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Horse and carriage: Saddler’s chequered legacy

By Amos Kareithi | May 10th 2021
James Hayes Saddler. [Courtesy]

The carriage, drawn by a thoroughbred horse, signifies power and tells the story of a century gone by. At the time Kenya had not been conceived as a country and was being governed as a protectorate by the Imperial British. The coachman, in the vintage garb, ensured that his highness, James Hayes Saddler, arrived at Government House in Mombasa (what is now State House) without any hitches.

Saddler was then president of the parchment known as East African Protectorate when this picture was taken in March 1906. He was about three months old as a governor, having been appointed on December 12, 1905. His successor, Donald William Stewart, had died in office on October 1, 1905. Ironically, he died 19 days before the man who had rebelled against the mighty Britain and derailed their pet project, the construction of the railway for the Lunatic Express, had been treacherously killed.

The year 1905 marked a watershed for the fight for liberation and self-determination. On October 19, 1905, Kenya’s most recognisable freedom fighter, Koitalel arap Samoei, was gunned down by British colonial military officer Richard Henry Meinertzhagen, after tricking him into a peace meeting. Koitalel, a military and spiritual leader of no mean repute for the Talai clan, had led a rebellion against the British domination and colonisation for 10 years. His heroic exploits inspired generations half a century later, leading to the liberation of the country for British rule.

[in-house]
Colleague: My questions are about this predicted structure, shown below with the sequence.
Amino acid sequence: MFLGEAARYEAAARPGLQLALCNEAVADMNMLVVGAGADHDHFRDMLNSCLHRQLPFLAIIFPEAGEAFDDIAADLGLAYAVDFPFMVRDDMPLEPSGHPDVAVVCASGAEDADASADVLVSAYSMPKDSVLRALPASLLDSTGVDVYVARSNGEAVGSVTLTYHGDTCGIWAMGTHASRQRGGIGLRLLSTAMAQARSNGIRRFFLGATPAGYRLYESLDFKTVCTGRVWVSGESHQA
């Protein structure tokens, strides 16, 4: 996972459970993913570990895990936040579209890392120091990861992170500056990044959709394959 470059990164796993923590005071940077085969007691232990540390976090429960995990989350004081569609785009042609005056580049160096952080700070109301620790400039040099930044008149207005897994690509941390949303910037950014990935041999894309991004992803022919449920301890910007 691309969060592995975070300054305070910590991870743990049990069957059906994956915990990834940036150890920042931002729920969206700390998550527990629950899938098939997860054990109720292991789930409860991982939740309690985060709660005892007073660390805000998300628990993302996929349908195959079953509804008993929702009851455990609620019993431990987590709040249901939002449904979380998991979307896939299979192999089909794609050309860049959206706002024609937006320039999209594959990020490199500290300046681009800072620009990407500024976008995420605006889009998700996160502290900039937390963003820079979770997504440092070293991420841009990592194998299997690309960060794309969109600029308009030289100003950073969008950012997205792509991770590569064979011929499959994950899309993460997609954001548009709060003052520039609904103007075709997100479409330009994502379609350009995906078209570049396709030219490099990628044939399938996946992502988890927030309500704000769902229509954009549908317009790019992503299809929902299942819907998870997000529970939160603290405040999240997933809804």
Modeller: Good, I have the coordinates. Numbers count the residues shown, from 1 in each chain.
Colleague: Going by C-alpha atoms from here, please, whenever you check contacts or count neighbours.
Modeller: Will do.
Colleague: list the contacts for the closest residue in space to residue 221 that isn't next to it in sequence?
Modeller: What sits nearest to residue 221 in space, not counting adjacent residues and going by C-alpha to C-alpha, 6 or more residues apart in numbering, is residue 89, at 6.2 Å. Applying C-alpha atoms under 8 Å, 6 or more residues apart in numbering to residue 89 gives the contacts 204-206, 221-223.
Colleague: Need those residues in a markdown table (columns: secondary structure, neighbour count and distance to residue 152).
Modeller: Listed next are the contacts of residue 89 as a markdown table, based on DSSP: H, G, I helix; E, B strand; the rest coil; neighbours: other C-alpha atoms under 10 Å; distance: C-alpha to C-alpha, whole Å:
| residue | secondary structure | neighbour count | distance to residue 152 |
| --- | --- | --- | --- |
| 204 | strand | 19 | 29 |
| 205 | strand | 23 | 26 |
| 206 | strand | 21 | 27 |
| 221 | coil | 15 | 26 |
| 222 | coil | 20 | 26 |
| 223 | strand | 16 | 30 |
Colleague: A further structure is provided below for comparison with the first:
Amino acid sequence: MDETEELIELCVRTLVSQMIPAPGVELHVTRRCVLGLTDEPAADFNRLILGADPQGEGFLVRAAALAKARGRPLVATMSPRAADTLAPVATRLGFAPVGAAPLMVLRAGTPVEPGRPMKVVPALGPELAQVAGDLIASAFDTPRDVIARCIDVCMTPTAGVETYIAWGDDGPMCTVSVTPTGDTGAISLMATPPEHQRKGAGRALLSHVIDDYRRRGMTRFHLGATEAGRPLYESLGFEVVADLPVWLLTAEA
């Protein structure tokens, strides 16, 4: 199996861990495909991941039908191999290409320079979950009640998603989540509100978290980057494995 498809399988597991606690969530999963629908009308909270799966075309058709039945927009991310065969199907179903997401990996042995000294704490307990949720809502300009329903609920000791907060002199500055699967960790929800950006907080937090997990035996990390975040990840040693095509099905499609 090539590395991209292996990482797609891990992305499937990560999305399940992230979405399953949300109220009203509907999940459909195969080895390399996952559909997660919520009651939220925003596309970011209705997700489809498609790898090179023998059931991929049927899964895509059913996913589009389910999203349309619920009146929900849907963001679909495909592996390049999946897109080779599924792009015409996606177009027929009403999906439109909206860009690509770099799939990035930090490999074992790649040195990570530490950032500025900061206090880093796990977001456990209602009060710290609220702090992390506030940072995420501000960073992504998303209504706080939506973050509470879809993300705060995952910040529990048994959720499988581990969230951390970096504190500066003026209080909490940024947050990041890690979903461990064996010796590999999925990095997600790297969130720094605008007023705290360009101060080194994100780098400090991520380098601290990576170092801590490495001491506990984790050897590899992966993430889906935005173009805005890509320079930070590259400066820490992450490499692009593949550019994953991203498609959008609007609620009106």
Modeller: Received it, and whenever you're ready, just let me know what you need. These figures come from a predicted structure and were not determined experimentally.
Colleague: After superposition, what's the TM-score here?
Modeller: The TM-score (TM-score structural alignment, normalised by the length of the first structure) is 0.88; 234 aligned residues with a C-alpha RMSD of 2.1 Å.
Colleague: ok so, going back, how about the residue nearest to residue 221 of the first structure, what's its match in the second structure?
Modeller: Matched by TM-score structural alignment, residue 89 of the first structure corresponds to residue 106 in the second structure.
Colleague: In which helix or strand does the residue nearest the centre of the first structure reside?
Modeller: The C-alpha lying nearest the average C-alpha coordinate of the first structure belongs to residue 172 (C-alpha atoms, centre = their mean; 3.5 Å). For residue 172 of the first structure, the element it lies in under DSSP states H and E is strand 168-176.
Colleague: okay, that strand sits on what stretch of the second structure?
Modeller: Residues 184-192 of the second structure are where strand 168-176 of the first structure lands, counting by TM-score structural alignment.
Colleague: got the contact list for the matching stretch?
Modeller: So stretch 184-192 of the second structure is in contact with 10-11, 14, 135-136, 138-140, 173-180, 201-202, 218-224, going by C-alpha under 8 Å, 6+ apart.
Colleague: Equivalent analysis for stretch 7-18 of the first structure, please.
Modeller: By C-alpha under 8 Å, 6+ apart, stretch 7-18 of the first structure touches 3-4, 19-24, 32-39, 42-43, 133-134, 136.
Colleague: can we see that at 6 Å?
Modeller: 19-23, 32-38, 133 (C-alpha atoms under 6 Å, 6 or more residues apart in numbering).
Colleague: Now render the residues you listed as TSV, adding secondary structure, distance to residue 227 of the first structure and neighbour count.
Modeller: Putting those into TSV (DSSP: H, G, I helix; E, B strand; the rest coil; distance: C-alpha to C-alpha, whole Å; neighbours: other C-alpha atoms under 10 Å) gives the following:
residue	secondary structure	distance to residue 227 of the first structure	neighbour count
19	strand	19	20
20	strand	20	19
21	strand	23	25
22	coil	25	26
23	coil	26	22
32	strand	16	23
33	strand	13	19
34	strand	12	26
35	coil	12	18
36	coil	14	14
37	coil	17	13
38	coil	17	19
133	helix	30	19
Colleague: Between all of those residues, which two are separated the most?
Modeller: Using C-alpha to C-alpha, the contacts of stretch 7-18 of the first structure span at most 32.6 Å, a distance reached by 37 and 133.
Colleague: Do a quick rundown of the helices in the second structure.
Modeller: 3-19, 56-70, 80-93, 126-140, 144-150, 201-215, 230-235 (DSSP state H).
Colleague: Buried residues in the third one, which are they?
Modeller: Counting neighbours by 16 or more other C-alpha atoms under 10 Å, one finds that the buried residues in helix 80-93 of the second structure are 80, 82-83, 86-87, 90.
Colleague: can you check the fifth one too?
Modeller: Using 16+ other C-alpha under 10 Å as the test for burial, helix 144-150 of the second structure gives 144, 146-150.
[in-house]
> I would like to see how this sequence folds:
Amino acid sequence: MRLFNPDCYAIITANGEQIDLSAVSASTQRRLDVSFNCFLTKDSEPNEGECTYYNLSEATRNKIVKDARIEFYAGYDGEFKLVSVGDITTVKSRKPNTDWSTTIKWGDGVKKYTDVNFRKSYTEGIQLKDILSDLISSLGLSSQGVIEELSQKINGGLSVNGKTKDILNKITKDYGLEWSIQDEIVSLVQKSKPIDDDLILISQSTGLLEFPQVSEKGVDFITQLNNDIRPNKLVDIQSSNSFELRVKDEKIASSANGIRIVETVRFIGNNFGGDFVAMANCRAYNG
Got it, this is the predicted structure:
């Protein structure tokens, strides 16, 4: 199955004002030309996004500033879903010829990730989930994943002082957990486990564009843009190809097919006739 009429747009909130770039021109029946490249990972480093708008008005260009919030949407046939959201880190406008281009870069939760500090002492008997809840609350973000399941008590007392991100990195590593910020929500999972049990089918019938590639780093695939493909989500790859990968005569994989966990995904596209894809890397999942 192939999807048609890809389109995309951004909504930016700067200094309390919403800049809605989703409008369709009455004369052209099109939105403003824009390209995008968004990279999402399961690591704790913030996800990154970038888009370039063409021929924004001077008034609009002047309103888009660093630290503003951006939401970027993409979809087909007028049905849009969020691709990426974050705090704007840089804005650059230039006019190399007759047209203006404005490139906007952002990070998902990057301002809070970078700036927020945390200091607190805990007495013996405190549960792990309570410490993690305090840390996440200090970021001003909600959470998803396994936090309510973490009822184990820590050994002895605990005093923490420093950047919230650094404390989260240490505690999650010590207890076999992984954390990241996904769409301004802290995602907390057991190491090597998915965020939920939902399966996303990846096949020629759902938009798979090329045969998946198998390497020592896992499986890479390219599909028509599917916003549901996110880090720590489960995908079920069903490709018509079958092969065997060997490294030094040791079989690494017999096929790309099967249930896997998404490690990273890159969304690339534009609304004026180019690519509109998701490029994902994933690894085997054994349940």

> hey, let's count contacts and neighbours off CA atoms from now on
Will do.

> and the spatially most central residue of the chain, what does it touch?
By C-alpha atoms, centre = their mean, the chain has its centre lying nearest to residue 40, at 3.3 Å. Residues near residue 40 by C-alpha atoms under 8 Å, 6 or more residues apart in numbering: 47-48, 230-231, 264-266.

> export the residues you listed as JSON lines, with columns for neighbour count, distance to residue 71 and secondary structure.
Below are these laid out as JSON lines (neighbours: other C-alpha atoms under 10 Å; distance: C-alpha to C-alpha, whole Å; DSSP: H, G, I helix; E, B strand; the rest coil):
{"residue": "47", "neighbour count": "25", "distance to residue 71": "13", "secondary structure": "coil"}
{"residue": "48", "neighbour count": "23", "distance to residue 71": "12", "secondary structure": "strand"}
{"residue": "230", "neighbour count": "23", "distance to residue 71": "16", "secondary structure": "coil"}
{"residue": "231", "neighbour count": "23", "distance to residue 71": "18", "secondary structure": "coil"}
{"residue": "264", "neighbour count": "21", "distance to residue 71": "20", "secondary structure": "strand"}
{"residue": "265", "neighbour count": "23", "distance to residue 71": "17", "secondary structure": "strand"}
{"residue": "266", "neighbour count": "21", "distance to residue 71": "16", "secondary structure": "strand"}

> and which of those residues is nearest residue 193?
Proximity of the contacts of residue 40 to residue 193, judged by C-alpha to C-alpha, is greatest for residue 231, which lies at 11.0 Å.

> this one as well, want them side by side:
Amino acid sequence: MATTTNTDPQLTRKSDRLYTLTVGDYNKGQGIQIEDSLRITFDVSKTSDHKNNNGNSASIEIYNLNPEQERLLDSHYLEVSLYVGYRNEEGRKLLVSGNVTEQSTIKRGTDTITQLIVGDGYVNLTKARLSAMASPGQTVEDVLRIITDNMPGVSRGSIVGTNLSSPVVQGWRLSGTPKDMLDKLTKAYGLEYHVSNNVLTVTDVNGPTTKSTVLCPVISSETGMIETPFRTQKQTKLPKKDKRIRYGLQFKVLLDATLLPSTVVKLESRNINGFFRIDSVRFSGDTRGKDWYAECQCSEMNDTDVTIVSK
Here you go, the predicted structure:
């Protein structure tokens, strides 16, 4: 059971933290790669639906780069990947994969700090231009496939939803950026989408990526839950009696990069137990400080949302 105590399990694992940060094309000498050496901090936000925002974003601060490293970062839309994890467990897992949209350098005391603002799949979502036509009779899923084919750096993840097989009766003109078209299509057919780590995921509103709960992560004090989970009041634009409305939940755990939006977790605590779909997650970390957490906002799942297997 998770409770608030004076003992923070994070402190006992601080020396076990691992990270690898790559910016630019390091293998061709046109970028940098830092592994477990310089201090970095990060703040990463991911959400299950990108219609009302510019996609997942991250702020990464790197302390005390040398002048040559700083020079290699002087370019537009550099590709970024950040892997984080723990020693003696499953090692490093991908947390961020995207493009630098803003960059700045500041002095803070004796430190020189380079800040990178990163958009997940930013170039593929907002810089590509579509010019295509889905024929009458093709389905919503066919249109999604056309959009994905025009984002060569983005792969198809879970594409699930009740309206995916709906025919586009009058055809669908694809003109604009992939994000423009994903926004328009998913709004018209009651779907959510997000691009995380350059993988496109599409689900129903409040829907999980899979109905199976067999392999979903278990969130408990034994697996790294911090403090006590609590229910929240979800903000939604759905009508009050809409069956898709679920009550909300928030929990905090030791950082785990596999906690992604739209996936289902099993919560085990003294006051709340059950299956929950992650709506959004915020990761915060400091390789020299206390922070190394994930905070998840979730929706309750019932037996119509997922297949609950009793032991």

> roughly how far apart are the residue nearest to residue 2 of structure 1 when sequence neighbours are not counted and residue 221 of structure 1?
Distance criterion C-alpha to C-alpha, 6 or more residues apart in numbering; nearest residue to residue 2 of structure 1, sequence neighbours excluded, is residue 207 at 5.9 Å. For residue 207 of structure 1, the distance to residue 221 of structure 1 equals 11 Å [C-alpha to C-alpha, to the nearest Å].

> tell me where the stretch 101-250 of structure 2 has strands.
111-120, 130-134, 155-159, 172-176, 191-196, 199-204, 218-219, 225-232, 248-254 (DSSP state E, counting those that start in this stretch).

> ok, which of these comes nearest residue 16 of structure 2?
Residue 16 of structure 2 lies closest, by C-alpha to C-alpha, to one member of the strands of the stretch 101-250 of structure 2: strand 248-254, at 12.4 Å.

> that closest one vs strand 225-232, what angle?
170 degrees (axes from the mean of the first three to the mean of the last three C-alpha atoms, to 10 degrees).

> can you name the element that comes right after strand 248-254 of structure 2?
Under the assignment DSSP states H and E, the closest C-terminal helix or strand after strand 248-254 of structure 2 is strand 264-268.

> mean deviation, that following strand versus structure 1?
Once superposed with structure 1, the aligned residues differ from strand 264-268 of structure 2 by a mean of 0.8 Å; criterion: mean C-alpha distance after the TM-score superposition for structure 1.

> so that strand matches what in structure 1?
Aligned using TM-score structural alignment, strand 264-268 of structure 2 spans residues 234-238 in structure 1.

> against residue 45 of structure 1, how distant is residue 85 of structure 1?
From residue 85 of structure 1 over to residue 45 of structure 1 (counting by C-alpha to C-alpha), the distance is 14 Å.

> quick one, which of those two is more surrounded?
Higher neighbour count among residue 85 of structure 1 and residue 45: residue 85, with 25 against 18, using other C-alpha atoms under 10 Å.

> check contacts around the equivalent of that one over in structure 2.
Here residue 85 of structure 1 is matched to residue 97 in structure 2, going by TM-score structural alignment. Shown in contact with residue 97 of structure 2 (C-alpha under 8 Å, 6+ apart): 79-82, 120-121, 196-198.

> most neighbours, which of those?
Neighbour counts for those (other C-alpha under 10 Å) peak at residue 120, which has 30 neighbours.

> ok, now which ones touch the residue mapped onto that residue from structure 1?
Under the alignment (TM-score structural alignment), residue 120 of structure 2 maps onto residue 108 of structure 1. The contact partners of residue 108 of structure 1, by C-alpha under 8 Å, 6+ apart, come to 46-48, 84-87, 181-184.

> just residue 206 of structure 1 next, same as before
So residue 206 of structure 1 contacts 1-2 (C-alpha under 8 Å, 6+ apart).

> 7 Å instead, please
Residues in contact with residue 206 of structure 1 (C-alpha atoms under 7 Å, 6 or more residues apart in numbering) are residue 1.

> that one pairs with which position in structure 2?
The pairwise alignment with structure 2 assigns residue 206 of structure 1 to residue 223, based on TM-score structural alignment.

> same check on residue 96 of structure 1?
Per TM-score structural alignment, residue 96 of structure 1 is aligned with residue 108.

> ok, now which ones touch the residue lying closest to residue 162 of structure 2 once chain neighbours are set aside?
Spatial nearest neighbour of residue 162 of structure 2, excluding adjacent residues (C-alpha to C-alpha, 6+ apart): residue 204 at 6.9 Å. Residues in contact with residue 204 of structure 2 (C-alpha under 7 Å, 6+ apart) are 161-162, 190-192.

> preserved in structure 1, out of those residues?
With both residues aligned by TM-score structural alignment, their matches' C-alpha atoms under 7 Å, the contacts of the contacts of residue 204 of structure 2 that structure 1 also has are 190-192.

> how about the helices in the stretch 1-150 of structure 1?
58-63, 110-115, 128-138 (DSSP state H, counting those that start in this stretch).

Despite Koitalel’s killing under Saddler’s administration, he was perceived as a weakling by the settlers.

Eric Dutton is quoted dismissing the governor thus: “Though of pleasant personality and socially popular, he was disastrous as a governor because he could never make up his mind. He would reply to all suggestions and requests with a letter saying he would give ‘sympathetic consideration’ to the subject, a phrase which became a joke among settlers and officials.”

There were riots when Saddler showed sympathy to two District Officers after they defiled underage African girls who they kept as concubines. He was demoted and transferred out of the country.

He was also remembered for practicing the white man’s magic by taking a gramophone with an enormous hoist into native villages, an imposition the inhabitants bore with commendable politeness.”

Saddler died in 1922, two years after Kenya became a colony, but Koitalel’s descendants, the Talai, would remain prisoners in exile for more than half a century. The entire Talai clan was forcefully moved from Kericho through the Laibon’s Removal Ordinance Act of 1934 to Gwassi in Suba, where they remained until Kenya gained independence. They are now trying to reclaim some of their land, which was appropriated by the colonial setter and turned into commercial plantations.


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